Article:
The L in L.I.F.E. stands for love.

And I mean all aspects of love; romantic, sibling, friendship, and humanity. I have written about the power of love before (Why Love Series), but this post is centered on three ideas that make love a foundation to a great life.

  • First, love is action.
  • Second, love is showing a person that their life matters to you.
  • Finally, love is a choice.

All three work together to create a powerful life. Before I dive into the aspects I just mentioned, I want you to know that I also know that there is a magical aspect to love, an unexplainable power that no blog post can express. There is an emotional aspect of love, a crazy stirring in our hearts when we gaze into the eyes of our partner. Or a joyful pain in our chest when our children hug us. But the power of love is not just in those magical moments. Love is a factor in our lives when we choose to act so that another person knows they matter.

Action is important. Yes, saying that you love someone is important but love is expressed through action. A date night. Playing My Little Pony on the living room floor. Taking a walk. Watching a movie (without a phone). Dancing in the kitchen. All relationships need action to grow. This is the most powerful way you show someone they matter to you; spend time together.

Action isn’t the only way that you can show someone you care about them… how you talk is important, too. How you talk to a person and how you talk about them with other people makes a difference in the relationship. I’m learning that how you talk about a person to others is a factor that builds or destroys a relationship over time. A powerful factor. If you tear down a person to others, if you bring up all their faults, just vent to others, that negativity will filter into your view of that person. You’ll soon find that negativity move into the way you talk in the relationship. That’s not love.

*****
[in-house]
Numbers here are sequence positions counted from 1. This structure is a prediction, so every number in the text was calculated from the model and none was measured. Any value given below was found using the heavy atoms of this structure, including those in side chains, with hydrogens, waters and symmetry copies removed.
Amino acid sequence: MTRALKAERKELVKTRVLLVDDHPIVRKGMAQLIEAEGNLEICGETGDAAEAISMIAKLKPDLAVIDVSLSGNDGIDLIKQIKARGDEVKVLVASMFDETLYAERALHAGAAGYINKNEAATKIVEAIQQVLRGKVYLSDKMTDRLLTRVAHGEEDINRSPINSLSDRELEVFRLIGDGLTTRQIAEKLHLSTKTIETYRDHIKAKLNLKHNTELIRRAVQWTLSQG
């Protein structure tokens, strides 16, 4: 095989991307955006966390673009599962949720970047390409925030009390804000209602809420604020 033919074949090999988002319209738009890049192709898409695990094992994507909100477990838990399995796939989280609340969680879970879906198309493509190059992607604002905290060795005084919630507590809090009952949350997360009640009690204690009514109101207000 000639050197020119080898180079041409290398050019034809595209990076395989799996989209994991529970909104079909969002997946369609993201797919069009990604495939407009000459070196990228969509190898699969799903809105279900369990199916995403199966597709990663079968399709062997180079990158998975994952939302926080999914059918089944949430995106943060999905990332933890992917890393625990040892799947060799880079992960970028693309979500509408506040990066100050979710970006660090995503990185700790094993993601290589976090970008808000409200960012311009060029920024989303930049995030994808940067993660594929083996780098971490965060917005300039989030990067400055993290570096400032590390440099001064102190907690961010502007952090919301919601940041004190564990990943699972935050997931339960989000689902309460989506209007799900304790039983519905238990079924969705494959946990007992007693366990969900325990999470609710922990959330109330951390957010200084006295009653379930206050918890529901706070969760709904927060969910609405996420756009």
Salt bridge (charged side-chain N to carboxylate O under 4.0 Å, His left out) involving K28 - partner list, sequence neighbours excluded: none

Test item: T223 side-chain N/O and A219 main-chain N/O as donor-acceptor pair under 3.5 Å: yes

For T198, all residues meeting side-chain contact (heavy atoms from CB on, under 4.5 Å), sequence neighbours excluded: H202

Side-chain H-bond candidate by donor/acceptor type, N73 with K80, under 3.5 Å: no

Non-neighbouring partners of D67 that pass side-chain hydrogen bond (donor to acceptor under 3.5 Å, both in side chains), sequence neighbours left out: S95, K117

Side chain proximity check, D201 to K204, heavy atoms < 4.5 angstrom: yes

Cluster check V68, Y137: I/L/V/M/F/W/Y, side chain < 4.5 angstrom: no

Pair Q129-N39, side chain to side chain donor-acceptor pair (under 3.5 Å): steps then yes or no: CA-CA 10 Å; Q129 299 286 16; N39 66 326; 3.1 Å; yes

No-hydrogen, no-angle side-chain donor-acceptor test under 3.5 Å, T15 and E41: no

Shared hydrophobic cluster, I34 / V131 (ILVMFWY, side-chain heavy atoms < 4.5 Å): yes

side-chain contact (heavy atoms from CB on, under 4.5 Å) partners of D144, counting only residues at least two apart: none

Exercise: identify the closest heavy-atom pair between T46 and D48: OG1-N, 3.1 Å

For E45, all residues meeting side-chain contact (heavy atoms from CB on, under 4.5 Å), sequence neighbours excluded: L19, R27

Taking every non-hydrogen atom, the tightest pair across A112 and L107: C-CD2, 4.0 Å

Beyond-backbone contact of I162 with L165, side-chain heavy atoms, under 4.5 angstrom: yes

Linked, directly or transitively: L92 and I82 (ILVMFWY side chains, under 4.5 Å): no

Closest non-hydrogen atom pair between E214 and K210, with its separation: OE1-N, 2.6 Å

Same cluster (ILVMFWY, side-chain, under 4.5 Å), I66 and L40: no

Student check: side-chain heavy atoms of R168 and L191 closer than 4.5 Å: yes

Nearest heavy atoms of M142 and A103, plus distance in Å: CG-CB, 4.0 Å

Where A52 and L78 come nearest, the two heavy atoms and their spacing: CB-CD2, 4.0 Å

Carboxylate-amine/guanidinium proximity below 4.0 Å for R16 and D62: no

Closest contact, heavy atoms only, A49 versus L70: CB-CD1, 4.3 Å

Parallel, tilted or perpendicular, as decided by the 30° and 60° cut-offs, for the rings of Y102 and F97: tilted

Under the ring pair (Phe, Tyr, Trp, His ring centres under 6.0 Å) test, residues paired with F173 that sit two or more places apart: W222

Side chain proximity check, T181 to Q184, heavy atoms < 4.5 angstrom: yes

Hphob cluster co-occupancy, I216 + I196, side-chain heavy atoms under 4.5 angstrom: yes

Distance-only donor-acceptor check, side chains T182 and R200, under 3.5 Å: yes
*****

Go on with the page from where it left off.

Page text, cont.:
We are not perfect. We all have flaws. We all are works in progress. Our words either build or destroy people. That includes text or social media. The way you speak shows people how much they matter to you. Your words are one example of how we choose to love.

The most important factor is to be honest about how much of love is a choice. You decide to open your heart. You decide to be respectful. You decide if you are going to love someone. There is an emotional aspect to love, but those emotions can be generated by the actions you take. It doesn’t matter what type of love or relationship it is.

Want your relationship with your partner to be more romantic? Do something to generate those emotions, like buy flowers, or dance in the kitchen. Want to have a better relationship with a friend? Do something. Send them a handwritten note or go out for coffee.

It sounds simple because it is. Love is choosing to act in a loving way to the people who matter to you. And that is part of a great life of a great relationships.

Below are a few media recommendations that correlate with this blog post.

Books

Tuesdays with Morrie by Mitch Albom is a must read for so many different reasons. But at the heart of the book is the idea of how important love is in all relationships.

The 5 Love Languages by Gary Chapman is a great book to consider how the people in your life view actions as a way of understanding love. The book will equip you with ways to express love to people.

Movies

Hoosiers is more than a basketball movie. The movie deals with the idea of forgiveness, family, and why it matters to do the right thing in relationships.

Ferris Bueller’s Day Off is a great movie that highlights the importance of action in life. Now, I don’t endorse missing school, but can’t deny the message about friendship and living life.

Songs

Humble and Kind” by Tim McGraw is just a great song!

Tim McGraw on Stage

My photo of Tim on stage singing the song.

Share this post with anyone you feel would enjoy it.

I is for… (you will have to read the next post).